I knew all the surgeon's missed the diagnosis because I had tracked my symptoms on drawings that I dated and I knew the pattern of how pain developed, so I knew that initially, I could turn pain on and off by the position of my head. My very first symptom was if I turned my head, I got a sharp ankle pain, then if I straightened my neck, it went away. This was reproducible, but they didn't listen and the pain was caused by the bone spurs contacting the front of my spinal cord. That is confirmation that a problem with the position of my neck was causing pain with neurological consequences. The position of the spinal cord changes with body movement because it is supposed to float in the spinal fluid. When something tethers the spinal cord in place, it will cause symptoms in whatever is getting compressed, and symptoms in the body part that the nerves supply.

I also have a biology degree and understand medical literature. I watched a lot of online presentations by spine surgeons at conferences which I found because one of the former surgeons was a presenter, so I watched anything that was relevant and learned from surgeons discussing their cases. Then when I consulted with surgeon #6 at Mayo, he listened and gave me the right answers. He understood funicular pain, and he was the reason I found that literature about it in the first place because I found that term in one of his medical papers and looked it up. I had learned enough about spine surgery and research as well as current trends, that I knew I found a good surgeon. He was also at the top of his class in his education and had received awards and academic scholarships. Everything was positive and he loved his job. Burnout for surgeons is very real. It is a high stress job with serous consequences for mistakes, and a surgeon under excessive stress could be more likely to make a mistake. I found a surgeon who loved the challenge of the job because it was difficult, and who had a personal sense of satisfaction for improving the lives of his patients. Knowledge is everything and getting multiple opinions is very important when a significant life altering choice needs to be made. Surgeons are human, and mistakes can be made so easily. It is up to the patient to advocate for themselves or seek that help from someone else if things don't add up or the patient doesn't understand the choice they are making and possible consequences. Ask a lot of questions. A good surgeon is willing to answer them and explain what they see on imaging.

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I had my fusion L4-S1 (with L5 was not secured with screws) in 1992 with plates and screws. Since the. They’ve learned this type of hardware is not the correct material. Now that I’m so many years postop with spinal OA and associated pain and neuropathy that any attempt at removing old and implanting new at 69 yo would cause me additional acute pain that I don’t need in addition to my chronic pain. If I was younger and had to make the same decision now that I had to then, I’d still go ahead and have the surgery as the constant acute pain was too unbearable. My best advice is don’t stop moving and exercising, pain or no pain don’t stop. Good luck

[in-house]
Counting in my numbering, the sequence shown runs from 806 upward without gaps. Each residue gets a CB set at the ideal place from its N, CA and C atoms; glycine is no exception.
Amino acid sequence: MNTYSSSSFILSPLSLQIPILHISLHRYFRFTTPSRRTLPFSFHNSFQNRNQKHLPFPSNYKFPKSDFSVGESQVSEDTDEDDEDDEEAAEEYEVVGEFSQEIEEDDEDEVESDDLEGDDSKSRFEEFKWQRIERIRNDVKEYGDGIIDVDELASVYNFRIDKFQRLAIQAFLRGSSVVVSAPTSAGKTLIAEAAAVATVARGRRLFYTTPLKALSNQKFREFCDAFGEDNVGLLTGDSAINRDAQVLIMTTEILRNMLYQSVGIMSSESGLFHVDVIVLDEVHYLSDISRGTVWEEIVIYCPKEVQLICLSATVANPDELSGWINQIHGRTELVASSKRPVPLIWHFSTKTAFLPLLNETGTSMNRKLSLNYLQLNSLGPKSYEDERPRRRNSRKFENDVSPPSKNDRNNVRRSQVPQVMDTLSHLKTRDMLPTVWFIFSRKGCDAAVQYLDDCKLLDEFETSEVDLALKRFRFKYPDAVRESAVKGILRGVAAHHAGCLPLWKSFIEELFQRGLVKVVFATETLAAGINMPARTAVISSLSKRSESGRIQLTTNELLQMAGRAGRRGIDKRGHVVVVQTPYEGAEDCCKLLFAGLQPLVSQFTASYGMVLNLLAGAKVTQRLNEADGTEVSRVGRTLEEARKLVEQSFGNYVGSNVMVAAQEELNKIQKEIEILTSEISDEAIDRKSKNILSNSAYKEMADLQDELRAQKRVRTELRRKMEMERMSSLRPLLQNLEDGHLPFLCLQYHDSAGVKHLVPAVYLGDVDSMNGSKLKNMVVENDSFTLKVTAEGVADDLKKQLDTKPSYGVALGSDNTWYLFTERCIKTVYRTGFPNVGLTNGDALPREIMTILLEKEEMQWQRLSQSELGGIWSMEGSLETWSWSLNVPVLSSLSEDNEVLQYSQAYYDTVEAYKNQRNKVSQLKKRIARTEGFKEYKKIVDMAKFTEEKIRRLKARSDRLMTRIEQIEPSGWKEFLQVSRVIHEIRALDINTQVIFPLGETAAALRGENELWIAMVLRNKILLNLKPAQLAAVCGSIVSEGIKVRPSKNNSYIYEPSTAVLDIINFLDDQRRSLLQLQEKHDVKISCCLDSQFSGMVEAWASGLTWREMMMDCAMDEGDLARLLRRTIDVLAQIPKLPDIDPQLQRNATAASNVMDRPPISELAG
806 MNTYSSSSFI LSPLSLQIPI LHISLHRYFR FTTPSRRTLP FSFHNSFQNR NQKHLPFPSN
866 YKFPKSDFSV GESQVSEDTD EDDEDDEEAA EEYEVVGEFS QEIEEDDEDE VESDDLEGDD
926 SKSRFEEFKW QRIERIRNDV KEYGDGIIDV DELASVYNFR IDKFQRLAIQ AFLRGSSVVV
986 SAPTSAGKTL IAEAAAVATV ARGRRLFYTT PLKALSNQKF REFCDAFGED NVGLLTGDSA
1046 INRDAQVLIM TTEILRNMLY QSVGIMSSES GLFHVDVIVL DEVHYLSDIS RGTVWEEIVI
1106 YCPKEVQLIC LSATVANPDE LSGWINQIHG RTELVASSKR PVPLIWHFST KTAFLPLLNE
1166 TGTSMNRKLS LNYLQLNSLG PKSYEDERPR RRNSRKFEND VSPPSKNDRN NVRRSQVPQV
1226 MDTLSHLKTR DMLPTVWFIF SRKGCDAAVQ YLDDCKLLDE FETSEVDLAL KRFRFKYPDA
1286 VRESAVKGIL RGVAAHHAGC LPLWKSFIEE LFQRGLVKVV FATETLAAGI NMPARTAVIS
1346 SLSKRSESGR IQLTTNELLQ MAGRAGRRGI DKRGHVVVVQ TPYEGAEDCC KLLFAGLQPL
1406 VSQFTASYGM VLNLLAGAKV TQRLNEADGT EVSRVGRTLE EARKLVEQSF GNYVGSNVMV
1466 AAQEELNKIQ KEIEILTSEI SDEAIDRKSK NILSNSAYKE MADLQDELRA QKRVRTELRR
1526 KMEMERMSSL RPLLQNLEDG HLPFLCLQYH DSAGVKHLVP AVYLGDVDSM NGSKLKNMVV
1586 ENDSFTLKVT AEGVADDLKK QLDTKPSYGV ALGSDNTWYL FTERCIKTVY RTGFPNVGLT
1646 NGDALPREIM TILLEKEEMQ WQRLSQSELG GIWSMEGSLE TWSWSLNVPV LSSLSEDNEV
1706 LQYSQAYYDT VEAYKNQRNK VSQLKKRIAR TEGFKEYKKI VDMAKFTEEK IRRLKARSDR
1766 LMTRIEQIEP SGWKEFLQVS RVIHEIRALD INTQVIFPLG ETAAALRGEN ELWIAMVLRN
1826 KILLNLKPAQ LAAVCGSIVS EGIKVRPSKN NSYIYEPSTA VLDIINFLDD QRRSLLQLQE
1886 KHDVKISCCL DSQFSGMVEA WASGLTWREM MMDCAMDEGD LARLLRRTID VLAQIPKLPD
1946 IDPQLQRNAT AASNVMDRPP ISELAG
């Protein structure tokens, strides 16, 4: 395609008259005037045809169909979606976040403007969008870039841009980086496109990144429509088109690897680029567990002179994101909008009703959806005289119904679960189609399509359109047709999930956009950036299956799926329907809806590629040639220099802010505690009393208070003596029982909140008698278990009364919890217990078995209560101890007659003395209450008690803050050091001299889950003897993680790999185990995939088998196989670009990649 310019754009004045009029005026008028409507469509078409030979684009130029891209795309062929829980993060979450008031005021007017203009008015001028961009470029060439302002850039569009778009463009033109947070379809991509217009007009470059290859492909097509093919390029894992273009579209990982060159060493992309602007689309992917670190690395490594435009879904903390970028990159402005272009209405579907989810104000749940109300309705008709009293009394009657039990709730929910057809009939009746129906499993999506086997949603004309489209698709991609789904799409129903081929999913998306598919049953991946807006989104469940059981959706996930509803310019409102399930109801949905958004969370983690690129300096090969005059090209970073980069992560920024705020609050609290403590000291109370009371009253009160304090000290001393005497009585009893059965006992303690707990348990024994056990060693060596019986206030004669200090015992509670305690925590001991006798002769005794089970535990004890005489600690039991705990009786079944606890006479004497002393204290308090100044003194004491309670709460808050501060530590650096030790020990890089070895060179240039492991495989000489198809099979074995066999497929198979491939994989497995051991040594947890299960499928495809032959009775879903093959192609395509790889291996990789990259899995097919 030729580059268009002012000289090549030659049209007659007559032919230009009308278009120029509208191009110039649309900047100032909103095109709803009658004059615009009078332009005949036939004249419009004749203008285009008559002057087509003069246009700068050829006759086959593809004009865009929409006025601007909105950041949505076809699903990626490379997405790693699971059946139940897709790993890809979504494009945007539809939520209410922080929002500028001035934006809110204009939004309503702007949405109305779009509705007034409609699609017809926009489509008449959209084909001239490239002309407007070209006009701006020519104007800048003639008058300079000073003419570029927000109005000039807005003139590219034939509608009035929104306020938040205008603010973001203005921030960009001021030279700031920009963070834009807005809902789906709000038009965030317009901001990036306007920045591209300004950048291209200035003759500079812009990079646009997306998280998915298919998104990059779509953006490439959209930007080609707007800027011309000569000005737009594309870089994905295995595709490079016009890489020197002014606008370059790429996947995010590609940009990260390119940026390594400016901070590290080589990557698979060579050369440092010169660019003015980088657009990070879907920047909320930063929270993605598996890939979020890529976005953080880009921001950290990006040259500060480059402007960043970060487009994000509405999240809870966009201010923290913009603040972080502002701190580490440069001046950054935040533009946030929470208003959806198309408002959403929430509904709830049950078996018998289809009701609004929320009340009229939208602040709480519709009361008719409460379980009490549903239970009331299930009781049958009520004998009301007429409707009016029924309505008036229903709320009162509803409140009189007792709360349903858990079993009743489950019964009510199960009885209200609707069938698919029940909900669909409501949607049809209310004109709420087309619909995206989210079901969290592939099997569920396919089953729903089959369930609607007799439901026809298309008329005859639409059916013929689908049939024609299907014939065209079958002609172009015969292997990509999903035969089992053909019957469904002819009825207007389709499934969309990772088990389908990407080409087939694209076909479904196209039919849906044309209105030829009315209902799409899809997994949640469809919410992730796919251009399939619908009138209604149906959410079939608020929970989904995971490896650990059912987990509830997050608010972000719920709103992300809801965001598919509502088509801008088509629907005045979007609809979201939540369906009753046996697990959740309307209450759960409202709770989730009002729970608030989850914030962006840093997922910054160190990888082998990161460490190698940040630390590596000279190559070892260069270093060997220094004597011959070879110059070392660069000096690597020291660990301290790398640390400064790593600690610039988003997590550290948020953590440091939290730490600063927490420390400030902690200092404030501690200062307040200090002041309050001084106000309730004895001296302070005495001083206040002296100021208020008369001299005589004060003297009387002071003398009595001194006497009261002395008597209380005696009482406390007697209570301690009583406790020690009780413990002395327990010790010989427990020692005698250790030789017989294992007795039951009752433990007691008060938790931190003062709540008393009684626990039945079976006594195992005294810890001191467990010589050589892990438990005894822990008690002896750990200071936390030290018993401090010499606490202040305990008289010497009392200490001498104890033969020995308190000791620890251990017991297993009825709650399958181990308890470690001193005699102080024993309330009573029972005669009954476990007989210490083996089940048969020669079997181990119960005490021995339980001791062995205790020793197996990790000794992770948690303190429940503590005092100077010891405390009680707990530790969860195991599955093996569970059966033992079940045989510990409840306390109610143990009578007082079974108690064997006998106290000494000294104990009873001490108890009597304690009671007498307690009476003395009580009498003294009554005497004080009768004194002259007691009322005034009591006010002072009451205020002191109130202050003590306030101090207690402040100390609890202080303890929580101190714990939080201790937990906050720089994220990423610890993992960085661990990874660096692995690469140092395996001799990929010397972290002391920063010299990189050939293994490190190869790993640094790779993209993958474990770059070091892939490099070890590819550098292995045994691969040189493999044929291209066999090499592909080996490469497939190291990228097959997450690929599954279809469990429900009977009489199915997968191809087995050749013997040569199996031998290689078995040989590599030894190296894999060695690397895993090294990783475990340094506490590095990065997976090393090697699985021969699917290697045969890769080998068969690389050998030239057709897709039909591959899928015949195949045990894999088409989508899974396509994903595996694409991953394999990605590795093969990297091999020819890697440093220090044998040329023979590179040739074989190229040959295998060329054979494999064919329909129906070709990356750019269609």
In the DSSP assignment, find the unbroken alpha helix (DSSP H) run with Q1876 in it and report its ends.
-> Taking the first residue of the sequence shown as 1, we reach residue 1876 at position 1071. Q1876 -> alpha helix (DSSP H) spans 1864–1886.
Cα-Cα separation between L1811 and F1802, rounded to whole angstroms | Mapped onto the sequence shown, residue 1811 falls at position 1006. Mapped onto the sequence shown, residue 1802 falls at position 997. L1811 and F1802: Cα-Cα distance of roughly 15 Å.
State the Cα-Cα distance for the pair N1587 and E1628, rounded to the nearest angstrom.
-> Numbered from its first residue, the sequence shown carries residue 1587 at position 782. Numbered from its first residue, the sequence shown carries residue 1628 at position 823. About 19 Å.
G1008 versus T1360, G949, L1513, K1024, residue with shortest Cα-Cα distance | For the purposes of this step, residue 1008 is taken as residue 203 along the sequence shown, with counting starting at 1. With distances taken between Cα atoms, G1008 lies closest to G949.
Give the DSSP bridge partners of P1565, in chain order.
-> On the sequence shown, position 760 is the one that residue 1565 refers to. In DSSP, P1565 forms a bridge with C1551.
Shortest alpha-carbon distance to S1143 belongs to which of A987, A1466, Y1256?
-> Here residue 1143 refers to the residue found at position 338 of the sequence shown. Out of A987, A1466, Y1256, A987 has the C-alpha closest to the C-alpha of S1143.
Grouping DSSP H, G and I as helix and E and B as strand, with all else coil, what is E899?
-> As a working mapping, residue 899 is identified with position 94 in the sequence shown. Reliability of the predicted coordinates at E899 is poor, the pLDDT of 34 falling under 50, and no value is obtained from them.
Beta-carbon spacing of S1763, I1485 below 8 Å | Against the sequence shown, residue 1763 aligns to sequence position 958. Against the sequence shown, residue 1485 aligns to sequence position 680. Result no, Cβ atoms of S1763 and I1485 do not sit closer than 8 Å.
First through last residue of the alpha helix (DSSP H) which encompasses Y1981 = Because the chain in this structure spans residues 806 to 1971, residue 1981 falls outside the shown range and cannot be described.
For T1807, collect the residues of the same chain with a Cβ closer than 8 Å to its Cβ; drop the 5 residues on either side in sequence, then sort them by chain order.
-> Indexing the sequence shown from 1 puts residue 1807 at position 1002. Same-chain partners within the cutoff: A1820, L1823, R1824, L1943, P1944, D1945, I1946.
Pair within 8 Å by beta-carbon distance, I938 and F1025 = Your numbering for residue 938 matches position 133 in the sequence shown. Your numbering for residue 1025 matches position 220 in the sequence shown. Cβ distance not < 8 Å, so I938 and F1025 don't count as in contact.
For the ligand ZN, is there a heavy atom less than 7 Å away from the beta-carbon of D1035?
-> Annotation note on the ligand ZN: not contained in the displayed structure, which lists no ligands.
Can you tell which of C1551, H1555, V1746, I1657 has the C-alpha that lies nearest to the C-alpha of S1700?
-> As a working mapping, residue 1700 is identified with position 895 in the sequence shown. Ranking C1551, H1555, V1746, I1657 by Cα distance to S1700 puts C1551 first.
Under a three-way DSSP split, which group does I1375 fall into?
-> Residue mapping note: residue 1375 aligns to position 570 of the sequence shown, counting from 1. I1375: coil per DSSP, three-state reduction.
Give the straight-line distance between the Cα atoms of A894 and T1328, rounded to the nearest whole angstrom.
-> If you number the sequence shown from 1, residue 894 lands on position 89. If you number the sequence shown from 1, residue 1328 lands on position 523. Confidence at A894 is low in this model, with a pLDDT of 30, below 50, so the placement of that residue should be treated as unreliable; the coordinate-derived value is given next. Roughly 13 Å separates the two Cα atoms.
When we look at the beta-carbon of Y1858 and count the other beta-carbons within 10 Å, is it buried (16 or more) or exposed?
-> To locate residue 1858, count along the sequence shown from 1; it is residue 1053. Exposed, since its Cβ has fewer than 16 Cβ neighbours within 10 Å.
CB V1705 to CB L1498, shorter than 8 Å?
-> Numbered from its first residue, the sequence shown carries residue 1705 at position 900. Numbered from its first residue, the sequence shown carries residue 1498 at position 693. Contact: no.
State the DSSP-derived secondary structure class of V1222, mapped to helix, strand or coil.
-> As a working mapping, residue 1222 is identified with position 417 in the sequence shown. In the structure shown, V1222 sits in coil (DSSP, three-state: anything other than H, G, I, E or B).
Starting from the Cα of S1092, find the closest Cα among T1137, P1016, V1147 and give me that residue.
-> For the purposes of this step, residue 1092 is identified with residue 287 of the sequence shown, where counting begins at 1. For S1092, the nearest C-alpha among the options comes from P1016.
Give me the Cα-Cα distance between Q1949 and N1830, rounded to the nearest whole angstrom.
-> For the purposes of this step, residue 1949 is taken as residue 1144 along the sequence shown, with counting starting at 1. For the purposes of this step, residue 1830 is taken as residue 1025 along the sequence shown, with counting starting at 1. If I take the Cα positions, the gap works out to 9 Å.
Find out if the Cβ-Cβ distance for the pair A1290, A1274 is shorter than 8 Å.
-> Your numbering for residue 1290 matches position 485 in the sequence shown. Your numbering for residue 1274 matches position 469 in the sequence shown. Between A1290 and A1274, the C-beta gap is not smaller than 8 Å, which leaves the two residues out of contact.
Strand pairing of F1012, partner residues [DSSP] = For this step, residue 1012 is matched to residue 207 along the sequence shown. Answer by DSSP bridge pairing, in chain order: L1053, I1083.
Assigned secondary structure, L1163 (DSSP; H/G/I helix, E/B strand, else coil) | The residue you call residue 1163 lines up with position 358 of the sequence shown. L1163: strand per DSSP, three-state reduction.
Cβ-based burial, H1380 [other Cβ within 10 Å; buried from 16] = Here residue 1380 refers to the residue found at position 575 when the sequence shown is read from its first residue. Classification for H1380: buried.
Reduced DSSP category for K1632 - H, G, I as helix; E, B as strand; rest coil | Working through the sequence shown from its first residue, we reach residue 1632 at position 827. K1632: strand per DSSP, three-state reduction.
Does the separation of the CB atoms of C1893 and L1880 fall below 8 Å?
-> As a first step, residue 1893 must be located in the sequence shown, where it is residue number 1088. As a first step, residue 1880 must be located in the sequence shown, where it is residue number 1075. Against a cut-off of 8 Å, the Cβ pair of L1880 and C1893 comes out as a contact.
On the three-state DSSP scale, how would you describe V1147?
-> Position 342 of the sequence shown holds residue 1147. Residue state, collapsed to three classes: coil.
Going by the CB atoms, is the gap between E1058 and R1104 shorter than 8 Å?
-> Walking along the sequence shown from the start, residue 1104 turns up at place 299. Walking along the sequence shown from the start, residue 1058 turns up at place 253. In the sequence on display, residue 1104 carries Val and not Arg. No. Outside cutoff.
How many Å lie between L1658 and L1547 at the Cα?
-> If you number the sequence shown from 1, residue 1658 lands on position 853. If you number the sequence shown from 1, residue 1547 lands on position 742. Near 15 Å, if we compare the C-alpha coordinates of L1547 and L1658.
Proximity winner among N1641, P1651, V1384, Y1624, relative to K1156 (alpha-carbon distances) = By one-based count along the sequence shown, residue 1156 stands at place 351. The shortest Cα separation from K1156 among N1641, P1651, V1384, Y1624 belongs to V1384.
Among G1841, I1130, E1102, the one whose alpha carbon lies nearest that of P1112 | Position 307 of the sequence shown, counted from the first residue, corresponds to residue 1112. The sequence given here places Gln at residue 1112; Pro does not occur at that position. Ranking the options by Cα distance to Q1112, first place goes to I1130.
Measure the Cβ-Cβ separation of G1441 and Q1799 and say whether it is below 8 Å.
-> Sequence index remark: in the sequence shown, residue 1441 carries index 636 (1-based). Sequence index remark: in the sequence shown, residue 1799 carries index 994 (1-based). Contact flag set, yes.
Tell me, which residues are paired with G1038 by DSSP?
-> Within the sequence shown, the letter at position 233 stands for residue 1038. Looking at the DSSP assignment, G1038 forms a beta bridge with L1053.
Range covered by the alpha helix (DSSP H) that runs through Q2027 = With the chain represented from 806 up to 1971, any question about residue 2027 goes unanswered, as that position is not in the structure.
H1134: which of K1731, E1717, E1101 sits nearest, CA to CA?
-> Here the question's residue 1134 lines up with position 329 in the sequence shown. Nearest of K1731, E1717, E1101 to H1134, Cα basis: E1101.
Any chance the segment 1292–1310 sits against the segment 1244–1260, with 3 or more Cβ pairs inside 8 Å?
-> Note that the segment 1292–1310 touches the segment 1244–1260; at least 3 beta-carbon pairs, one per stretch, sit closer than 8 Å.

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@jenniferhunter

@harvey2007 Oh my gosh did I get different responses from spine surgeons and 5 of them were wrong! One told me the spinal cord doesn't feel pain and I had pain all over my body. He just blew it off. I was in his office with all of my neck and back muscles with spasms that pulled my vertebrae out of alignment and he didn't even catch that because he never put his hands on me. I had to sit bolt upright or I had a lot of pain. That was fixed by my physical therapist, but I had spent 2 weeks in that condition which happened because I fell asleep sitting up and stressed my neck that had a spine injury. I got the MRI he ordered and never went back. I just found another surgeon.

Of course all of them could see the same thing I did on the MRI that my spinal cord was compressed. What they misunderstood was how that physical spinal cord compression from bone spurs was causing pain all over my body. I found medical literature with similar cases and I had to keep looking until I found a surgeon that understood "funicular pain" which was written up just a few years ago as a rare presentation of symptoms for spinal cord compression for which there is no test to confirm. The only test is that if the symptoms disappear after decompression surgery, then funicular pain is confirmed. A hint is also if an epidural spine injection temporarily relieves the all over body pain, it suggests funicular pain. I had that injection and that experience, and still, the surgeon didn't believe me and disregarded the results. He suggested an inflammatory problem like MS and refused surgical help to me stating that it would relieve very few of my symptoms and he didn't want to put me through it. This makes him sound like a compassionate guy, but in reality , he was looking out for his surgical success statistic ratings and he didn't want to risk his reputation with a poor outcome. He didn't understand the problem, so he regarded it as a big risk.